Census 2011: sharp rise in number of foreign-born residents

Steven Swinford – Telegraph.co.uk Dec 11, 2012

The number of people who were born outside the UK has risen by more than 50% to 7.5m since 2001, equivalent to more than one in 10 people.

Nearly 3m people in England and Wales live in households where no adults speak English as their main language, the data from the 2011 census has shows.

London had both the largest proportion of usual residents born outside the UK (37%) and non-UK nationals (24%.)

More than four in 10 people in Kensington and Chelsea, the highest proportion in the country, do not hold UK passports.

The census was sent to 26 million households in England and Wales in March last year.

The figures demonstrate the impact of immigration, particularly from Poland. In 2001, Poland did not even feature in the top 10 countries of people born outside the UK. 

In the 2011 census, it was second with more than 500,000 people from Poland now living in England and Wales. The highest was India, followed by Pakistan, Ireland and Germany.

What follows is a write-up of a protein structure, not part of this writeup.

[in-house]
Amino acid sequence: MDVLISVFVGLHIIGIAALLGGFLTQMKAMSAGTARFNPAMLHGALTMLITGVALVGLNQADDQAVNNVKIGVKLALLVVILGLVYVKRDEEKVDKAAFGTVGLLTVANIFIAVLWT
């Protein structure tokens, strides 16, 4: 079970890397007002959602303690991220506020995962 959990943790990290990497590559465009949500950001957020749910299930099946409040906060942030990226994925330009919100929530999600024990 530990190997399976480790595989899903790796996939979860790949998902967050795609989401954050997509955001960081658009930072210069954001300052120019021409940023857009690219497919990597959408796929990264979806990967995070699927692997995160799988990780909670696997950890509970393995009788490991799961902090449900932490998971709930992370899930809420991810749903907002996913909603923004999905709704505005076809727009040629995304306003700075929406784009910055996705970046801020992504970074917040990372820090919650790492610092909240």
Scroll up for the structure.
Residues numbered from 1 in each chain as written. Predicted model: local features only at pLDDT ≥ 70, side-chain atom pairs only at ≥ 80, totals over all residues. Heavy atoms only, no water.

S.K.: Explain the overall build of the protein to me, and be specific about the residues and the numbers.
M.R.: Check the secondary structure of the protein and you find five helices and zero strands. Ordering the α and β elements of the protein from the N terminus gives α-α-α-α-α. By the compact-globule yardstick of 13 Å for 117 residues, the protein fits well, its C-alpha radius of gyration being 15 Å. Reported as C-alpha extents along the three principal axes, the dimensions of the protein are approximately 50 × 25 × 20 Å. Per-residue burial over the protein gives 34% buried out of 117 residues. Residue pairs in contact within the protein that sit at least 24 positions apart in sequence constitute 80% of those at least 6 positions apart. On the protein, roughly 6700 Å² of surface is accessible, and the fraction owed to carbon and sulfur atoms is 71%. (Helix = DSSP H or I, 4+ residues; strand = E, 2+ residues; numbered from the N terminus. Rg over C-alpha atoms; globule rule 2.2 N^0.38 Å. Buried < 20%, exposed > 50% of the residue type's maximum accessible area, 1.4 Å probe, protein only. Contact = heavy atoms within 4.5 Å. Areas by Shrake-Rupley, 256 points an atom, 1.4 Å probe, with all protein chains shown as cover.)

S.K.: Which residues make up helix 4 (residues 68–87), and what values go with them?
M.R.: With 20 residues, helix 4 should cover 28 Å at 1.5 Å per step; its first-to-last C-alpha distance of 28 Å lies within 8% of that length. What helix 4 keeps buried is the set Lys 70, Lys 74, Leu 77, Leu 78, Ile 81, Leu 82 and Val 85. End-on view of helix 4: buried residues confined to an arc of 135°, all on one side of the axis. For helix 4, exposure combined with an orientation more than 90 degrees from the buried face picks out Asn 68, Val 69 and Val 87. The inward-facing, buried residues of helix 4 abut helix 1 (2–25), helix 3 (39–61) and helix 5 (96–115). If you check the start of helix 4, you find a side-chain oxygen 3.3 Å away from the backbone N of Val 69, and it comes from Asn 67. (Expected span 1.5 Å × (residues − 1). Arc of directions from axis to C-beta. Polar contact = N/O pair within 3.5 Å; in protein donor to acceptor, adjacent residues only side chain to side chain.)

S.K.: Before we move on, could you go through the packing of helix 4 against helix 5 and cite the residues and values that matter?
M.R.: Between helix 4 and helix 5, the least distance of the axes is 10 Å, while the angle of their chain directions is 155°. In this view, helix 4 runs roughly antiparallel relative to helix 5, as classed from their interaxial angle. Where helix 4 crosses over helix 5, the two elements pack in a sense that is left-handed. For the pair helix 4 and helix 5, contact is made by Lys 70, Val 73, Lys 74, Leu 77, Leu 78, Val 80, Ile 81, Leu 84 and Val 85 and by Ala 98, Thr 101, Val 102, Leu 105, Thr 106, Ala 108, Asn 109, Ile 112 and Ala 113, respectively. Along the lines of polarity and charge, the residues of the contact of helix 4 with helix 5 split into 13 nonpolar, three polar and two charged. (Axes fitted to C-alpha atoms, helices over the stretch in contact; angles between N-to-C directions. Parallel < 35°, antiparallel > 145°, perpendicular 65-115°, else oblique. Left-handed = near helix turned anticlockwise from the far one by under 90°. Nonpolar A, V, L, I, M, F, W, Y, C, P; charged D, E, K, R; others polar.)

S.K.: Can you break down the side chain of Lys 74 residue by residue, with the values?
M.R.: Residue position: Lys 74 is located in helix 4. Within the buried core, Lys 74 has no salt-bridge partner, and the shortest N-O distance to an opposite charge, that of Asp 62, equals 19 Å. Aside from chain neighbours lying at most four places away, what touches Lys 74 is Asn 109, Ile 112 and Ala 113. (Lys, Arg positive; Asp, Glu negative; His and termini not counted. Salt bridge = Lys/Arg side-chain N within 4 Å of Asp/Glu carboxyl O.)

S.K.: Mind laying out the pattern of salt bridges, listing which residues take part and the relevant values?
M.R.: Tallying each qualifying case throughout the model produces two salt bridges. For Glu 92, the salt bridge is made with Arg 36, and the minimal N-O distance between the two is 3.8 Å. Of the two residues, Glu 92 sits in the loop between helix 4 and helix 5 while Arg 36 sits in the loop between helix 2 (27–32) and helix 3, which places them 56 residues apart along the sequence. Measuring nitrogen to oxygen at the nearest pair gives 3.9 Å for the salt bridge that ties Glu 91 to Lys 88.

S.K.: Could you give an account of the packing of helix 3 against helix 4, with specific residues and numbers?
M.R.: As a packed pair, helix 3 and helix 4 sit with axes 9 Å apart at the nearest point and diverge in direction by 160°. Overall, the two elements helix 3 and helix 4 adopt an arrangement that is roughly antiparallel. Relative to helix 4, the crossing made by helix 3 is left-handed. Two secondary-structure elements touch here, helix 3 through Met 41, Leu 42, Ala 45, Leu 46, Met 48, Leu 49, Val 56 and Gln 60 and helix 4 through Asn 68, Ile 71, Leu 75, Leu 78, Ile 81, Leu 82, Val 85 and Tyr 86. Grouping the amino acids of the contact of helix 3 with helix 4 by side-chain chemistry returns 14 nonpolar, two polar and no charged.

England and Wales have also become more diverse. In 2001, 87% of the population were white British, compared to 80% today.

The number of people of mixed ethnicity has risen to more than 1m for the first time, while the number of Asian people has risen from 2.5m to 4.2m.

The proportion of people born abroad varies significantly across the country. In London, one in three people was born outside the UK was one in three, compared to one in 20 in the Northeast. 

Some two million respondents listed their partners or fellow household members as being of different ethnic groups – 47% more than in 2001.

Guy Goodwin, from the Office of National Statistics, said the message coming through from the census was “considerable change, but increasing diversity”.

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